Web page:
Yet states still found ways to circumvent the Constitution and prevent blacks from voting. Poll taxes, literacy tests, fraud and intimidation all turned African Americans away from the polls. Until the Supreme Court struck it down in 1915, many states used the “grandfather clause ” to keep descendents of slaves out of elections. The clause said you could not vote unless your grandfather had voted — an impossibility for most people whose ancestors were slaves.
This unfair treatment was debated on the street, in the Congress and in the press. A full fifty years after the Fifteenth Amendment passed, black Americans still found it difficult to vote, especially in the South.” What a Colored Man Should Do to Vote“, lists many of the barriers African American voters faced.
The fight for African American suffrage raged on for decades. In the 1930s one Georgia man described the situation this way: “Do you know I’ve never voted in my life, never been able to exercise my right as a citizen because of the poll tax? … I can’t pay a poll tax, can’t have a voice in my own government.”
Many brave and impassioned Americans protested, marched, were arrested and even died working toward voting equality. In 1963 and 1964, Dr. Martin Luther King Jr. brought hundreds of black people to the courthouse in Selma, Alabama to register. When they were turned away, Dr. King organized and led protests that finally turned the tide of American political opinion. In 1964 the Twenty-fourth Amendment prohibited the use of poll taxes. In 1965, the Voting Rights Act directed the Attorney General to enforce the right to vote for African Americans.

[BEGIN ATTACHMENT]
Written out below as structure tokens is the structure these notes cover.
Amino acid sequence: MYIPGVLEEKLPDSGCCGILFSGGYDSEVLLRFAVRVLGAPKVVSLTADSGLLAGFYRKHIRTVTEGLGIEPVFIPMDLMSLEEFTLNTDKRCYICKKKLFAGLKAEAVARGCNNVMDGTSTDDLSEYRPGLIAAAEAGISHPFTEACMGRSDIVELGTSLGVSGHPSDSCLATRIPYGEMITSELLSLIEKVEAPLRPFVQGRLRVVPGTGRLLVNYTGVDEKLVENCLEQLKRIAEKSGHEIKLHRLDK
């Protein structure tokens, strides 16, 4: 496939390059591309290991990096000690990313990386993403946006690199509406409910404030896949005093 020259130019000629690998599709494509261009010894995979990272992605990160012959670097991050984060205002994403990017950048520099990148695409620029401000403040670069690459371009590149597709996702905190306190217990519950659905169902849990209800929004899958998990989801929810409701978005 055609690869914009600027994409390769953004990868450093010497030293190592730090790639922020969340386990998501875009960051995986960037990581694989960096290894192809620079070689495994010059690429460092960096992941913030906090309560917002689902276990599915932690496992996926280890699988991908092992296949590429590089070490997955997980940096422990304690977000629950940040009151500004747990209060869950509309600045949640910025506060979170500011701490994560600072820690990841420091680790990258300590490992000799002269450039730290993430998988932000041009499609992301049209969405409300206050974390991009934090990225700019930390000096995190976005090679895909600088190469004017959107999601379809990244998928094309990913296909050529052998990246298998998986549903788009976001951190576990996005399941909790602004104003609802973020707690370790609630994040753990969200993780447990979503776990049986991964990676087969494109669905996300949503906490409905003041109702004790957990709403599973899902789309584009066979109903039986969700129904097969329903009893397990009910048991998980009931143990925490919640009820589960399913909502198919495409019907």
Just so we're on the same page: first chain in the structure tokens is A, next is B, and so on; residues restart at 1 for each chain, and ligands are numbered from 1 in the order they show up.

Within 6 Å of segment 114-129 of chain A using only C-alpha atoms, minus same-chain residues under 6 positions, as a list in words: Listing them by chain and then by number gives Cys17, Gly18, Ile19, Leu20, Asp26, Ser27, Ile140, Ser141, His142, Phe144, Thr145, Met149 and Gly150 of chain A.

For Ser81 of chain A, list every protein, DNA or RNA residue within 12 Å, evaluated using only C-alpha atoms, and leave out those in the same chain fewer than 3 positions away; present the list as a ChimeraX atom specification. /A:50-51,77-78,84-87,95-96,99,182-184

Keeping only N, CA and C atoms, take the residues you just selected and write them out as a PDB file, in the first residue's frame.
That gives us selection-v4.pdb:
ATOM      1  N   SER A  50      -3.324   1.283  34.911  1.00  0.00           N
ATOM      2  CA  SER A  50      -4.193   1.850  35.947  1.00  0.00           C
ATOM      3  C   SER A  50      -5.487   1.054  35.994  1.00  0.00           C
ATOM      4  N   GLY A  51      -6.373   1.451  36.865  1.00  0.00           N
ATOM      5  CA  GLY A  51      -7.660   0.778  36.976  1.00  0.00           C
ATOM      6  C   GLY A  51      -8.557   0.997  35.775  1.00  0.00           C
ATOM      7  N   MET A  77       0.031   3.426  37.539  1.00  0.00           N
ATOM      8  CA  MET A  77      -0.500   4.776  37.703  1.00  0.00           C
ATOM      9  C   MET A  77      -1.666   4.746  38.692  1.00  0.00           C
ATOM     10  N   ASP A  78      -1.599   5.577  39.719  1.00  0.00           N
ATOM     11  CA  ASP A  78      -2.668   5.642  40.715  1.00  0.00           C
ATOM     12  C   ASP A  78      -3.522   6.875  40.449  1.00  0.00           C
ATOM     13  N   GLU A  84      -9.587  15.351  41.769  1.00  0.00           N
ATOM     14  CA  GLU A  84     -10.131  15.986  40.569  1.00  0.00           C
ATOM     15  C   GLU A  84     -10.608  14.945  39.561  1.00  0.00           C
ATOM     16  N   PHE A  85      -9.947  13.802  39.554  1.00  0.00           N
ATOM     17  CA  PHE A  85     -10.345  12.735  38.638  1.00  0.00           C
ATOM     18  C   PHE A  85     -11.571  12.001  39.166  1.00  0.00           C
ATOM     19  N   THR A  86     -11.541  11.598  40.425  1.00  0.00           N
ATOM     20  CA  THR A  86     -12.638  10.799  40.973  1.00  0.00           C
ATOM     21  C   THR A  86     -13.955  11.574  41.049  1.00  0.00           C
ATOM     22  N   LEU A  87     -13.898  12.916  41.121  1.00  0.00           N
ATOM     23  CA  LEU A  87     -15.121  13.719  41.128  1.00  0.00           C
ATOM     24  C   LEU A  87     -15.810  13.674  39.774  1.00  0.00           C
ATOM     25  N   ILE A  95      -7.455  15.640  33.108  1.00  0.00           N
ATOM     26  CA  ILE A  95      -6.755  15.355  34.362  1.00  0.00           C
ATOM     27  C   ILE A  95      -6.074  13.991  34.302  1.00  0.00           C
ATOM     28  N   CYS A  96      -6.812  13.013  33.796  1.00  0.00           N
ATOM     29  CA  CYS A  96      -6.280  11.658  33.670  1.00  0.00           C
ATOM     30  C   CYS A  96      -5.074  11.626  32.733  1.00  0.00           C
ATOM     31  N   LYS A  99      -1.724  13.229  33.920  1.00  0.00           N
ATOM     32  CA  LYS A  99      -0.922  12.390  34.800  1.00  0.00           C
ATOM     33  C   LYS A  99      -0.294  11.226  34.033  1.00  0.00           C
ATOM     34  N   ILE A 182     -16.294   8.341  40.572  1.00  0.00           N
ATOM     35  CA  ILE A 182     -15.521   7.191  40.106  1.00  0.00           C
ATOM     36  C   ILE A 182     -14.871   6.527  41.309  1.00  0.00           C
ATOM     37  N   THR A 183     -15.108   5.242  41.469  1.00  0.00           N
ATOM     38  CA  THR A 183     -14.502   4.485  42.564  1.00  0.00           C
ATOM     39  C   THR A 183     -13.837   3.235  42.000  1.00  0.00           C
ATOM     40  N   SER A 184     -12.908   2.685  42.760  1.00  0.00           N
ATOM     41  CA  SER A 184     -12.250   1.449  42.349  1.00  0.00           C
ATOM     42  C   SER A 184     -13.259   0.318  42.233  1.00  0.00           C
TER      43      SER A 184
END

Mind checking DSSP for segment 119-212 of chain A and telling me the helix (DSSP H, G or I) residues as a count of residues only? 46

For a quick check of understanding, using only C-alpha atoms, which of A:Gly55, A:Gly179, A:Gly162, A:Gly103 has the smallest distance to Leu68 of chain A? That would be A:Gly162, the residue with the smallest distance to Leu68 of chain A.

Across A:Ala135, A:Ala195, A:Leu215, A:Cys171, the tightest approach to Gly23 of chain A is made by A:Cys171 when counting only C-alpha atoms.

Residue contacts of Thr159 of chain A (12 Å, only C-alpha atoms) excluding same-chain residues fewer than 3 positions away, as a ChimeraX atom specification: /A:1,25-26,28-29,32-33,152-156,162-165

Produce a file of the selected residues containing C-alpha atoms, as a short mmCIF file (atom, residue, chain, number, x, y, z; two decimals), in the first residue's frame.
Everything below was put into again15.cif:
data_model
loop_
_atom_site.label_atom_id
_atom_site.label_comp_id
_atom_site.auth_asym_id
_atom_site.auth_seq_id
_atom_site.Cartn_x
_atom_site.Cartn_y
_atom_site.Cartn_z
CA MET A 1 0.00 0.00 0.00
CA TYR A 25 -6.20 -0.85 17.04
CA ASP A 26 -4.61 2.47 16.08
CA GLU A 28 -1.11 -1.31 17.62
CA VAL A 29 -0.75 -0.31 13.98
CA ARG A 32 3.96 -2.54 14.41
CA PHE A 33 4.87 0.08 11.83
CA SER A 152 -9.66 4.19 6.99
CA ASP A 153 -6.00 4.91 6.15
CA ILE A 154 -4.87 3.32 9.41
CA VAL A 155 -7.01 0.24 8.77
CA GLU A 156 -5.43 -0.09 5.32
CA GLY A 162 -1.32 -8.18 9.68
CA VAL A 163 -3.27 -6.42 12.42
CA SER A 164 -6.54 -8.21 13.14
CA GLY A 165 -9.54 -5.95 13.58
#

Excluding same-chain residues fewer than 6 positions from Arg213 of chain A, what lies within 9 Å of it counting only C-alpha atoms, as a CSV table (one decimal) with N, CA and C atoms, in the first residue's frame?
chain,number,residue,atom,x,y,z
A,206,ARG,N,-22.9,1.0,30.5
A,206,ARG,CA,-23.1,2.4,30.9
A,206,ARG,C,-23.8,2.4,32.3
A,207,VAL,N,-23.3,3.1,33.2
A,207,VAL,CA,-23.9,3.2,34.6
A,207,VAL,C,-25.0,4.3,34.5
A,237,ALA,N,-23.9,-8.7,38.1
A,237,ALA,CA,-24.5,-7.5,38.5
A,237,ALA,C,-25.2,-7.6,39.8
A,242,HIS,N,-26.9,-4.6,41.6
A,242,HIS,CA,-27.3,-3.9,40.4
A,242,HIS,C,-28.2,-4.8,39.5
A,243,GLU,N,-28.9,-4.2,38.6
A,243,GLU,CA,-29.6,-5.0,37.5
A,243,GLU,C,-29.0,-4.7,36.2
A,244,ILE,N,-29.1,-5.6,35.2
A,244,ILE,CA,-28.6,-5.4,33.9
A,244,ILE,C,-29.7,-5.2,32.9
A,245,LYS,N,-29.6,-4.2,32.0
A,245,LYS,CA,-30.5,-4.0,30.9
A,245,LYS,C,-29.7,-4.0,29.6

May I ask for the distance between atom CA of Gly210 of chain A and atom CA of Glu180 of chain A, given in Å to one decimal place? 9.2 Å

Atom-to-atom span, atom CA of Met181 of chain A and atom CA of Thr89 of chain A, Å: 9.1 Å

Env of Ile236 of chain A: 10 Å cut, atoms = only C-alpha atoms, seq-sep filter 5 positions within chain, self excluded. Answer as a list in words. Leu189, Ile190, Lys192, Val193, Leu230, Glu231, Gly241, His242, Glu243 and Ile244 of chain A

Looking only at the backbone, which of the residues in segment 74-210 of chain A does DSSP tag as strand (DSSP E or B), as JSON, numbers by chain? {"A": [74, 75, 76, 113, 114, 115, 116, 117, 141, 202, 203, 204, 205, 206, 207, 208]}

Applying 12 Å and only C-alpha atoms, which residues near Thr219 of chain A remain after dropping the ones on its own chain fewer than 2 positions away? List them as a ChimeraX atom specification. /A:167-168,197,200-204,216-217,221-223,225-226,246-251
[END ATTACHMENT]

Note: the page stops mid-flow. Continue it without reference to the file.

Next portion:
The 1965 Voting Rights Act created a significant change in the status of African Americans throughout the South. The Voting Rights Act prohibited the states from using literacy tests and other methods of excluding African Americans from voting. Prior to this, only an estimated twenty-three percent of voting-age blacks were registered nationally, but by 1969 the number had jumped to sixty-one percent.
Voting Rights for Women
Although the Declaration of Independence specifies that “all men are created equal,” its publication sowed the seeds the seeds for the women’s suffrage movement in the United States. The movement took root at an 1840 conference in London, when two determined women met for the first time. Even though they were delegates to the World Anti-Slavery Congress, Lucretia Mott and Elizabeth Cady Stanton could not participate in the convention because they were female. This snub inspired them to work together to guarantee rights for women.